Football: Fergie's desire burns in Bruce

The new player-managers: Blades bank on a spirited campaigner while Barnsley turn to a hero inside; Jonathan Foster discovers a breath of fresh air sweeping through Bramall Lane
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SUPPLIES of Sheffield United's own-brand air freshener arrived last week in the club shop, a new line in merchandise which might prudently target customers in the boardroom, rather than the Kop.

A whiff of renewed conflict first seeped into Bramall Lane in June, when Kevin McCabe, a non-executive director, bought 500,000 more shares, virtually doubling his holding in the publicly listed company. United's shares are so cheap that McCabe's outlay would scarcely fill wage packets for Premiership interpreters. But observers say there is no ambiguity in McCabe's strategy to challenge Mike McDonald, the chairman, for control of the company and club.

The Bramall Lane boardroom is one of English football's most exotic sites. One leading director in the 1990s boardroom was sought under warrant by the Indian police, another fled the country in financial disgrace and a third came under investigation by the Serious Fraud Office. McDonald brought more than respectability when he took over in 1995, the ground becoming fit last season for the Premiership place missed narrowly in play-off defeat at Sunderland.

This season will be the first step in management for Steve Bruce. The indomitable soul of Manchester United's first three Premiership titles under Alex Ferguson was brought from Birmingham City's playing staff four weeks ago, on a boardroom split decision - Bruce Rioch was the other candidate. Any sceptics will have been comforted by Bruce's impact on the training field, as palpable at close quarters as a blast from an aerosol. "I've wanted a crack at management for the past few years," Bruce said, and he will not fail for want of determination. Ferguson's references for his former captain rely heavily on metaphors of human spirit. "If any footballer has made himself into a top- class performer on a heart the size of a dustbin lid, it's this man," Ferguson said.

Bruce is flattered, but does not protest. "I was never naturally gifted, but I wanted to play in the top division and I did it by hard work and effort." Of all Ferguson's management virtues, Bruce most wants to emulate a driven, insatiable need to win, whatever the contest. To communicate that to Sheffield United players, he will start among them, his awkward, shuffling runs patrolling in defence when Swindon arrive to open the First Division season. "I believe I've got something to offer - I must have something to have been Birmingham's Player of the Year last season. I'll be honest with everyone here and, if there's someone better than me, I'll not play," Bruce said.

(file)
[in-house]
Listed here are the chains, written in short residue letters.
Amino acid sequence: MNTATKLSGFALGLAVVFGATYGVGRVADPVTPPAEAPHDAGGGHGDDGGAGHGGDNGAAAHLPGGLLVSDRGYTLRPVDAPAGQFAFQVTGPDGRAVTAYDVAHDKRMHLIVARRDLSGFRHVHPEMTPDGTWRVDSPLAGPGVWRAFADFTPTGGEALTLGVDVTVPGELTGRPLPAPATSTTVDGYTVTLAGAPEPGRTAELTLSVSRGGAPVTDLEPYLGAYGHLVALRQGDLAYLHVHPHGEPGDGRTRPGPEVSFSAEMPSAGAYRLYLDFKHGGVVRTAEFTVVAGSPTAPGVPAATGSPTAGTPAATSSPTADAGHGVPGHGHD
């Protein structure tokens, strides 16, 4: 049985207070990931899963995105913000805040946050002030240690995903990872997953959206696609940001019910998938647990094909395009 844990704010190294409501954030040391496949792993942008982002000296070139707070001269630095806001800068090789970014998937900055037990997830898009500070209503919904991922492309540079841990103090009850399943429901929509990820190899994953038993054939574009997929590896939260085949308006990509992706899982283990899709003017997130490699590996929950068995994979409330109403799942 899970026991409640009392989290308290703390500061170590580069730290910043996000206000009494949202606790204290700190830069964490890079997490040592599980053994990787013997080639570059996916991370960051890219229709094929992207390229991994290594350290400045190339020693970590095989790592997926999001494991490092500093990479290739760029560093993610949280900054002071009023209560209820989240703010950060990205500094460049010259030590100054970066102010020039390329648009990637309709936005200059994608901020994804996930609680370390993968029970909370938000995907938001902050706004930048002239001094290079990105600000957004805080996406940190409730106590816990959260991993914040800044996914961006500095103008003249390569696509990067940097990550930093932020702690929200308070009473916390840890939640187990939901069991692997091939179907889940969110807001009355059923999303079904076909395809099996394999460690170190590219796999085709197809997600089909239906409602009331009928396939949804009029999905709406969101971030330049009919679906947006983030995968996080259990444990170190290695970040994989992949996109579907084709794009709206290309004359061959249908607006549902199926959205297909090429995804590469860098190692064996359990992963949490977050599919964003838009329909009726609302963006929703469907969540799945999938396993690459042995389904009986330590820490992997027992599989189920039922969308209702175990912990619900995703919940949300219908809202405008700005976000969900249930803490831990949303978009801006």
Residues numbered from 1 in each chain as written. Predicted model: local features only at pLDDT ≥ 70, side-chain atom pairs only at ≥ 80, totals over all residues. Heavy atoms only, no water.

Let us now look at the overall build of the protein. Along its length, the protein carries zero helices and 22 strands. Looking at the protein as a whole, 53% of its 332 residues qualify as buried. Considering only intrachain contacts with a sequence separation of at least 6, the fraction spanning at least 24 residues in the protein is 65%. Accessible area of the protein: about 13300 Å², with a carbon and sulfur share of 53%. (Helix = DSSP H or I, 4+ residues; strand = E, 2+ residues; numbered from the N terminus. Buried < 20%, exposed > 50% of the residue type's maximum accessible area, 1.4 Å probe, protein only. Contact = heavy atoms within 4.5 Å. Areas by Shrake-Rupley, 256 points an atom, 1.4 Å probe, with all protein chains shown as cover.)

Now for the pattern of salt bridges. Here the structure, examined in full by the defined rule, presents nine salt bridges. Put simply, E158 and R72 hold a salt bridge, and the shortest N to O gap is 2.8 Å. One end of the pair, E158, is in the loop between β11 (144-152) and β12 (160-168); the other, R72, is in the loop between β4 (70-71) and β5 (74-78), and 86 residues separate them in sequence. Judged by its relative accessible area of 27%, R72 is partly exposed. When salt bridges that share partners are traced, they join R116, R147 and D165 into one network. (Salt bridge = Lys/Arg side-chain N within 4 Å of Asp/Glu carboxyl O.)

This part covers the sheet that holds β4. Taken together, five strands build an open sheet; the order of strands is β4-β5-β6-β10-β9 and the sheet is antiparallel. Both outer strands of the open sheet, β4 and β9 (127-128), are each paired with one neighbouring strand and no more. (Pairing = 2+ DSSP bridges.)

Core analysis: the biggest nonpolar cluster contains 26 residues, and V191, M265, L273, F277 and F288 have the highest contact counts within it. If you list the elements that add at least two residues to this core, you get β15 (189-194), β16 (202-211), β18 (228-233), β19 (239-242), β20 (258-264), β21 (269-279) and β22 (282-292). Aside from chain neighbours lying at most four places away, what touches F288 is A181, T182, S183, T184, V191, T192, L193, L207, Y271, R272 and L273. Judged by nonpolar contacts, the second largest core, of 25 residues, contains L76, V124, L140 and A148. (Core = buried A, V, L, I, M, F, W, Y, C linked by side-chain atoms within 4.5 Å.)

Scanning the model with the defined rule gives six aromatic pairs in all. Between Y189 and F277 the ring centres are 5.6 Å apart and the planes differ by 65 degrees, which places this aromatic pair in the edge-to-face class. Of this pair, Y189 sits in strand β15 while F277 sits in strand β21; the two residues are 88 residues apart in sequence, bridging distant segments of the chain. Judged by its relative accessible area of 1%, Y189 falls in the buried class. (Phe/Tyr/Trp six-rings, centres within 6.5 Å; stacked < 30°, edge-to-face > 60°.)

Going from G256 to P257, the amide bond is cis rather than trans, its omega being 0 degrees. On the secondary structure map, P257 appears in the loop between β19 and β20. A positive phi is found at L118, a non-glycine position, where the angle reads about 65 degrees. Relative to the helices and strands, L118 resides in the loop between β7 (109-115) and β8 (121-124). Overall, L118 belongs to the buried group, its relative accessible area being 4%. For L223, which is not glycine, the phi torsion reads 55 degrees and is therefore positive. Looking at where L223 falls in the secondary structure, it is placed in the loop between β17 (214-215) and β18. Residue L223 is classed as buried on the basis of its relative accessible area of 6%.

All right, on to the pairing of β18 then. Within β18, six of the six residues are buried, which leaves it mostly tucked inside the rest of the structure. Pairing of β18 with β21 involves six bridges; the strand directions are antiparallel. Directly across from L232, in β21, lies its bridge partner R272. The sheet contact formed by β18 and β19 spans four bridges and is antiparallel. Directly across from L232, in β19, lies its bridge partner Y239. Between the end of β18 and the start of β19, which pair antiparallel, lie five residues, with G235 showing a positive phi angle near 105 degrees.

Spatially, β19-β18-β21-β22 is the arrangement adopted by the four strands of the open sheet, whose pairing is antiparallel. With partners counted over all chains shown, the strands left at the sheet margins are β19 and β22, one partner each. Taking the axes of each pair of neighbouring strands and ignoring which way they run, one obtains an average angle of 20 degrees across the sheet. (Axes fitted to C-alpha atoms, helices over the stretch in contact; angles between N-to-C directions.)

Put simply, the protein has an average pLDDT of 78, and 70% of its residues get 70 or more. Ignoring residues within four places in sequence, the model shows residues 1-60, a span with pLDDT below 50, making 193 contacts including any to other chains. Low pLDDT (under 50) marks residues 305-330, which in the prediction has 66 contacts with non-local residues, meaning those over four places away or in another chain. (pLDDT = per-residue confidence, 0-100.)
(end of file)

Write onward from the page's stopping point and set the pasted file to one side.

"I'm not going to make rash or silly statements. But this club have been in the play-offs for the last three years. Obviously they need a bit of stability and time to get into the Premiership. I hope I've learned from Fergie. He is very, very clever. His attention to detail is fantastic. He's learned from other countries. [His assistant] Brian Kidd was all over Europe five or six years ago watching different coaching methods and introducing detailed diets. But the one thing I hope I've learned most from is his unbelievable desire to win, and I think the way you get that across to players is in the way you handle situations, the way people look at you."

There should be at least 20,000 observing Bruce on Saturday in the most evocative sports ground in Yorkshire. For all Bruce's legitimate excitement about a big city club's big potential, success seemed so unthinkable last season that Frank Field would have made the ideal mascot. No sooner had Nigel Spackman's uneasy hold on managerial office established United in the promotion vanguard than McDonald's board embarked with an auctioneer's enthusiasm on a sale of players. The midfielder Don Hutchison, and forwards Brian Deane and Jan Aage Fjortoft were chief among the bargains. Spackman resigned. McDonald took umbrage at popular criticism and retreated from the football club boardroom to the safety of the company chairmanship.

He had claimed that "overspending" on players risked "financial suicide", a plausible comment but one which sent the share price into equally understandable freefall. Charles Green, the group chief executive, needed a police escort out of Bramall Lane, and promptly handed in his resignation. With the three leading management figures in various states of exile, United stumbled fortunately, but heroically, into the play-offs and an FA Cup semi-final.

The episode may be a parable of football management in the 1990s. Can First Division clubs compete for promotion without incurring harmful debt? By the time the Blades had lost their semi-final to Alan Shearer's late winner, more than two-thirds of their value as a company had been lost since flotation in January 1997. Bruce has been told there is no longer a need to sell. By contrast, he has tried, without success, to get Derby to part with Darryl Powell for pounds 1m.

McCabe, a Scarborough-based property man born close enough to Bramall Lane to smell the liniment, is understood to be unimpressed. Sources say he wants "management changes" - a euphemism for alleged inefficiency. There are good young players like Wayne Quinn and Curtis Woodhouse for Bruce to indoctrinate; and construction is scheduled to start on a hotel and retail development which should increase company revenue.

It is only 30 years since Bramall Lane filled to witness a world-class Sheffield United player achieve historic success. But that was Fred Trueman, of Sheffield United Cricket Club, and he was captaining Yorkshire to victory over the Australians. Long after cricket left the Lane, perhaps the most enduring odour Steve Bruce has to eradicate is pungently musty.